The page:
I think Irish politics are much calmer than British politics. Politicians respect each other here.
Four years in Ireland: Siobhan Arnold, Ballydehob
I was born in London to Irish parents. I call myself London-Irish, and the London bit was always more important to me when I was younger. I don’t see myself as English or British, but my kids would say they were.
The main thing we noticed when we moved here would have happened anywhere in Ireland - everyone knows everyone else’s business. One of the things I don’t do ever do is gossip, because you never know where it’s going.
Local Irish kids and English kids don’t usually mix well in school. Irish kids describe anyone with an English accent as a hippy, but they’re not using the term accurately. Some of those kids could be from families that have been here 45 years.
I know what “blow-in” means, and it’s definitely not a complimentary term. There is an element of them and us with the term, but it is getting less and less as the years go on.
You can see why people were called blow-ins. There was a perception that the British – and other nationalities - who came here were pushing property prices up. You need to be aware that banter has to be tolerated, and it could descend into dislike quite quickly.
Four years in Ireland: Ian Hardy, Ballydehob
We’re here four years, but we had the house for 30 years. I’m conscious that I’m known by more people than I know. People here love to know exactly who you are. They might expect that you’d know them, and you wouldn’t always make the effort to know who they are. I can see that British people could be interpreted as standoffish because we don’t do that.
It can be difficult here if you try and get something done. We needed the septic tank drained. I was looking at the Yellow Pages and in local papers and directories, and getting huge quotes. Eventually, I asked a neighbour and they knew someone. It was just a question of asking the right person. In England, you haven’t got that local knowledge in the same way.
People are more conservative here, and religion is very important to them. Don’t get involved in conversations about Irish politics is something I say to other English people. Irish people’s views on politics are very deeply entrenched.
Up until Brexit, what went on with Irish politics used to make me feel better about English politics. We voted Remain.
Twelve years in Ireland: Jamie Budd, Ballydehob
I’m from Manchester. My wife is from Cork; I met her in Spain. We’ve been in Cork 12 years, and in Ballydehob over a year. We’re living over the restaurant we run.
The weather isn’t great here, but the people make up for it. I don’t mind being called a blow-in. If anyone called me an English bastard, I’d be a bit more offended, but blow-in is fine.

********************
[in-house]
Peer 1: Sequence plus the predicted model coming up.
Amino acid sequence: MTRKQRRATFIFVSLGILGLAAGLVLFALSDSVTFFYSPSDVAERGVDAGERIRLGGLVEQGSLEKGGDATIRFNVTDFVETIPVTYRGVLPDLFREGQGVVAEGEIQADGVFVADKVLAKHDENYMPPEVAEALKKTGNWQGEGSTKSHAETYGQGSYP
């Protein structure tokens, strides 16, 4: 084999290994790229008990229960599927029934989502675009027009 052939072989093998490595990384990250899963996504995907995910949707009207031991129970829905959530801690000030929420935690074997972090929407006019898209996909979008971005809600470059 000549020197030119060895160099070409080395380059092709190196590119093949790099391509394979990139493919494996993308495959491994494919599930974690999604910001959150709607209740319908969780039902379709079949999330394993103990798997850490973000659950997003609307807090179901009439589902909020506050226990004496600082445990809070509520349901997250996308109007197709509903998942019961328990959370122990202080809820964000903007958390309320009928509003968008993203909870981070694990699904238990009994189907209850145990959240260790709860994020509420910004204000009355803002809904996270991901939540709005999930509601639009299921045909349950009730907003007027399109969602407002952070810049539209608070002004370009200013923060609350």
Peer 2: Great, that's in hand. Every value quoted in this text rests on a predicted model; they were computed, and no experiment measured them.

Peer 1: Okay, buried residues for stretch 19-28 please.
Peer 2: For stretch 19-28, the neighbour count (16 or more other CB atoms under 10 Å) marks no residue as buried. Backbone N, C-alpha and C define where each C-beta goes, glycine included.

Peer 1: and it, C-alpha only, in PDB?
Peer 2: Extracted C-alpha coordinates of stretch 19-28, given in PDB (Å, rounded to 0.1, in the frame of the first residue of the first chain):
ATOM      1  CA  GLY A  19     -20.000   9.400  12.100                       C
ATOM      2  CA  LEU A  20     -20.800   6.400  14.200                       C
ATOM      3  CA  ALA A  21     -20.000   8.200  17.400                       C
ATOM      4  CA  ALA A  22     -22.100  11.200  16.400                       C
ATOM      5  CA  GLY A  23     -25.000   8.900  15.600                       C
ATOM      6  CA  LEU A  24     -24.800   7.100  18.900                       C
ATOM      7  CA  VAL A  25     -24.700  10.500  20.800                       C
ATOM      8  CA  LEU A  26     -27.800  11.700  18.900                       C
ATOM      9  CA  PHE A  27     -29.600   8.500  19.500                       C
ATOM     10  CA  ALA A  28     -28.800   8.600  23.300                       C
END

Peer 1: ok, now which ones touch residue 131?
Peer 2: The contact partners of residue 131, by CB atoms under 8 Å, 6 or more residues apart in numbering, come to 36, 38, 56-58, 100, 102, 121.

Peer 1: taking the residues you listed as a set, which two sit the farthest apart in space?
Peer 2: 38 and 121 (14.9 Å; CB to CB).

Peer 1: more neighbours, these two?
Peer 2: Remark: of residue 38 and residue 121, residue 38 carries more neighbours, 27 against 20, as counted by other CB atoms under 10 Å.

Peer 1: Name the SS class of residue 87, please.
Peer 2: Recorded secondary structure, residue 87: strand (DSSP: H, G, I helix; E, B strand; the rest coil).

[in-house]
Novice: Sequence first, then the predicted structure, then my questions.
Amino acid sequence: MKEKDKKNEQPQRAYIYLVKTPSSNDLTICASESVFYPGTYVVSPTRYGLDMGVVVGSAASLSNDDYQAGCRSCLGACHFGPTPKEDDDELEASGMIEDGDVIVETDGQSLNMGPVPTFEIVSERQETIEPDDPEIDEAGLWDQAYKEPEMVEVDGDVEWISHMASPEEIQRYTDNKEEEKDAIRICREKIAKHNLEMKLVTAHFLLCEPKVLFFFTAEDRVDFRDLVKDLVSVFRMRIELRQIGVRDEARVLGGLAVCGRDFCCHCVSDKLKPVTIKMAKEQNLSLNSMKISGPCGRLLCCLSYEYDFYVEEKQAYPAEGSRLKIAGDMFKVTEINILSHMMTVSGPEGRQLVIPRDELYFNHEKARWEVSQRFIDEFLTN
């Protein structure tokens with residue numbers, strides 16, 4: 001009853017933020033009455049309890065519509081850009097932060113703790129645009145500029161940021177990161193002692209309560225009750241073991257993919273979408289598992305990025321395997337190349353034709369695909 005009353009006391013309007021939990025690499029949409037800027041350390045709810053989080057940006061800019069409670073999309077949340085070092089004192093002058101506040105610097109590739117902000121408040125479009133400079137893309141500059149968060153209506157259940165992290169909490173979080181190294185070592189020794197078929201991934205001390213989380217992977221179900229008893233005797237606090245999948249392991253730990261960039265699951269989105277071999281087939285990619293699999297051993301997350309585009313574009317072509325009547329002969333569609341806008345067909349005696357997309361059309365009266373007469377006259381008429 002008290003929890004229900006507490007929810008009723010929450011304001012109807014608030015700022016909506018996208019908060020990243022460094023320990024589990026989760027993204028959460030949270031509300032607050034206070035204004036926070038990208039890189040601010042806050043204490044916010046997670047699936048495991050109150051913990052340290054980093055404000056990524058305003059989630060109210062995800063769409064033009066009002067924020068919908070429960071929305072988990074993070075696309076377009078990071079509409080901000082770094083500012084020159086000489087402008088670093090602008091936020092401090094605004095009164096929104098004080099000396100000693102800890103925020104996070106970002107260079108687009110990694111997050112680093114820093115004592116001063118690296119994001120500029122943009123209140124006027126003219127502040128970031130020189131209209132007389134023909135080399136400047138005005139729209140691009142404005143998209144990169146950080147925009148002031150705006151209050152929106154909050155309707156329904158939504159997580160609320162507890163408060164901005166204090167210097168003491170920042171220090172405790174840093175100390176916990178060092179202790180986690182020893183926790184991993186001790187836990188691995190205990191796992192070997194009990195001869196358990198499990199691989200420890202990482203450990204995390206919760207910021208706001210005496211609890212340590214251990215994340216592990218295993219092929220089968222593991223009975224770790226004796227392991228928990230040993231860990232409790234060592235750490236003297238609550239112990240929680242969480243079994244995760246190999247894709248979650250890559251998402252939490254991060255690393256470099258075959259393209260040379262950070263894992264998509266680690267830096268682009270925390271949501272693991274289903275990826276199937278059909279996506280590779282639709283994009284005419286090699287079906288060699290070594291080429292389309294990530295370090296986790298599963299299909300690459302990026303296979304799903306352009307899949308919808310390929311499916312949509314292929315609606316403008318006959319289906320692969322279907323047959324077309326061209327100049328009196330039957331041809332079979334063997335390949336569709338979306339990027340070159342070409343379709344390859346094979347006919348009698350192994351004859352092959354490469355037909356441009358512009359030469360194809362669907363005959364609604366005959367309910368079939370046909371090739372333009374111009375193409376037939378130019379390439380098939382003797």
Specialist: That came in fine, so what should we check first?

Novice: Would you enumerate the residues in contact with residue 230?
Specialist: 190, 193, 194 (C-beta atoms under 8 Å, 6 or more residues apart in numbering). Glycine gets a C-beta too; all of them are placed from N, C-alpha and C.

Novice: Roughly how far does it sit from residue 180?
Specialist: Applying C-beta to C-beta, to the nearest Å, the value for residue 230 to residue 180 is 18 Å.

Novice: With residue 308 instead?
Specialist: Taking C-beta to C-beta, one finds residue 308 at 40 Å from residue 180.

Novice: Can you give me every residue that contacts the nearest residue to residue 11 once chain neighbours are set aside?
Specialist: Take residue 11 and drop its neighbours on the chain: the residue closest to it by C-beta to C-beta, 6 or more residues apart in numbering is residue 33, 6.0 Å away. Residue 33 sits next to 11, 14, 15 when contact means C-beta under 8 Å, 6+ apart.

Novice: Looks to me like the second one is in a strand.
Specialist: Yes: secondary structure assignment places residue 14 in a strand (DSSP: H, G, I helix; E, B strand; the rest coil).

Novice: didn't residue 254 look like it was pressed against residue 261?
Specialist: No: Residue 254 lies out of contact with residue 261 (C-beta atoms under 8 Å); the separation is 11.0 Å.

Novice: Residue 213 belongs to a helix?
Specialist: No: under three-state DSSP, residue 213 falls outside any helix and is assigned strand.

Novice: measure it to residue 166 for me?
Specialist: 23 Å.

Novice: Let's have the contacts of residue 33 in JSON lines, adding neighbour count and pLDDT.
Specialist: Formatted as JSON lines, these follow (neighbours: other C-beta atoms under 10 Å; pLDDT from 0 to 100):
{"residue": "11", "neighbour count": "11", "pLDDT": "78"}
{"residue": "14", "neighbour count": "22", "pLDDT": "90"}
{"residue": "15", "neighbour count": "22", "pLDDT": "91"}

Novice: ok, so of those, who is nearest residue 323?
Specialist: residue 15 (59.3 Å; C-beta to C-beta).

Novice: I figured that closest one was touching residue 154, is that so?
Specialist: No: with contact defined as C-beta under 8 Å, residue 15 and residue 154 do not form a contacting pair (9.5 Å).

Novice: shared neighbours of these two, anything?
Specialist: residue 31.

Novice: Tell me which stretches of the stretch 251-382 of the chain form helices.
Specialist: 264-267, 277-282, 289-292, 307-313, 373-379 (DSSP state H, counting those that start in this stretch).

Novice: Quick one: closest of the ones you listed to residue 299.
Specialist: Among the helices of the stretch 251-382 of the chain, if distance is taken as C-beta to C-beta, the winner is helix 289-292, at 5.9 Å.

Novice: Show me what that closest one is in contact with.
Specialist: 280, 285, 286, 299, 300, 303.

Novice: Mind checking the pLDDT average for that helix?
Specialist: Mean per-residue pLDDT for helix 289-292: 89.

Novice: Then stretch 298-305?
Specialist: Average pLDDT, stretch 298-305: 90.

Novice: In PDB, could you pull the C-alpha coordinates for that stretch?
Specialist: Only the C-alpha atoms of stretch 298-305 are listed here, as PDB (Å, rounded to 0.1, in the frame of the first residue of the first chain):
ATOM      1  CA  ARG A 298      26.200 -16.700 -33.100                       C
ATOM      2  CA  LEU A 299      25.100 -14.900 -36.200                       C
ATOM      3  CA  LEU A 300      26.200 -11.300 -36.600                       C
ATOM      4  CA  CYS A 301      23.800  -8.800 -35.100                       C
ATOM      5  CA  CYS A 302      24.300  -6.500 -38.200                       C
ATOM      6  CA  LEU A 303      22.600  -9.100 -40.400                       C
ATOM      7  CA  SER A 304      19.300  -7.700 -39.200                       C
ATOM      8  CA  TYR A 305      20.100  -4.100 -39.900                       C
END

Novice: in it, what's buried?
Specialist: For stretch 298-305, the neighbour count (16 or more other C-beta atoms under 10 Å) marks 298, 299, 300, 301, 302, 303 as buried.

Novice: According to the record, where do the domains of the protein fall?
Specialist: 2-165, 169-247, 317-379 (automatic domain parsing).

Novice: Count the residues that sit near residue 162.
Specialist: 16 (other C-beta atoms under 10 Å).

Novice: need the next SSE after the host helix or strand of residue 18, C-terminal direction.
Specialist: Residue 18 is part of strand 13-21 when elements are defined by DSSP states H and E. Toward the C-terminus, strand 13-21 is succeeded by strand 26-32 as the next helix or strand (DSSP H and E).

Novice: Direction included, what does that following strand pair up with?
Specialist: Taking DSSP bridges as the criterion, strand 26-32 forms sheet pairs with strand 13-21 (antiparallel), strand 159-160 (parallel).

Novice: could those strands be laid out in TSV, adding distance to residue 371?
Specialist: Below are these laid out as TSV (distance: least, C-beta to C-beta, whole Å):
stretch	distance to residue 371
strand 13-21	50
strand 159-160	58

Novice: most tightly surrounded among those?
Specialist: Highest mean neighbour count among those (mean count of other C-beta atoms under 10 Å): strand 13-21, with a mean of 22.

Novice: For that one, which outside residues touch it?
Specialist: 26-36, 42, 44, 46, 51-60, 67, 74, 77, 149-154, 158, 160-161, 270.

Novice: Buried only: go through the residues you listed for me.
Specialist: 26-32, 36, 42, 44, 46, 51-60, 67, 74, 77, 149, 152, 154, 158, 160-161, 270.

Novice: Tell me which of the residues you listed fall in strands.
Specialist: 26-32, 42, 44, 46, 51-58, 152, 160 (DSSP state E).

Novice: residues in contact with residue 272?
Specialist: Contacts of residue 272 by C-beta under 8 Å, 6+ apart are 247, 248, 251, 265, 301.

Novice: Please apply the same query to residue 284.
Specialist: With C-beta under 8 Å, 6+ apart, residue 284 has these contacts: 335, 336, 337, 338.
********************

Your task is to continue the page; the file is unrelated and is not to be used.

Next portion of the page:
I never realised how big a population of English people live down here in west Cork, even though we’d been living near Cork city for years. It was a bit strange coming to west Cork and being surrounded by a lot of English people, because when I travel, I try to avoid my own people, purely from a cultural perspective.
The kind of people who are attracted to west Cork are very creative people so in general, we are very like-minded; we’re craft makers, artists, musicians, artisan produce producers, cheesemakers.
One thing I find very unusual is that there are people born and bred in Ballydehob, with English parents, and they have a stronger English accent than I do, even though they grew up here.
I had a vote, but I didn’t vote in Brexit. Being a bit of a free spirit, I didn’t think I was in any kind of position to cast a vote.
I was surprised at the result. Knowing the result, do I wish I had voted? I’ll say probably no. Here in west Cork we really depend on tourists coming from Britain, so I suppose that would be a bit of a concern, but only time will tell.
Fourteen years in Ireland: Josephine Jefferies, Ballydehob
I got divorced and I wanted to leave the rat race behind, and to think about a new life. That was 2002. I heard through a friend that a blind goat farmer on Cape Clear needed someone to look after his goats, so I went there as a Wwoofer [a volunteer programme on organic farms where people work in exchange for bed and board] and stayed for two years.
Then I moved to Sherkin too, and worked as a librarian there for eight years. After that, I was a caretaker in Jeremy Irons’s castle for three years. I should write my memoirs.
I’ve been in Ballydehob two years. Mainland life is totally different than island life. Island life is so calm and peaceful and you can walk everywhere, or you get a taxi. Living on an island with no transport, you’re never stuck. On the mainland, you have to drive.
I have noticed there are a lot of arguments about land. I’m never going to be marrying an Irish farmer with a lot of land: Irish farmers joke that they’re looking out for a teacher with a good pension, or a woman with a lot of land of their own. They joke about it, but I’ve learned that there’s an element of truth in it.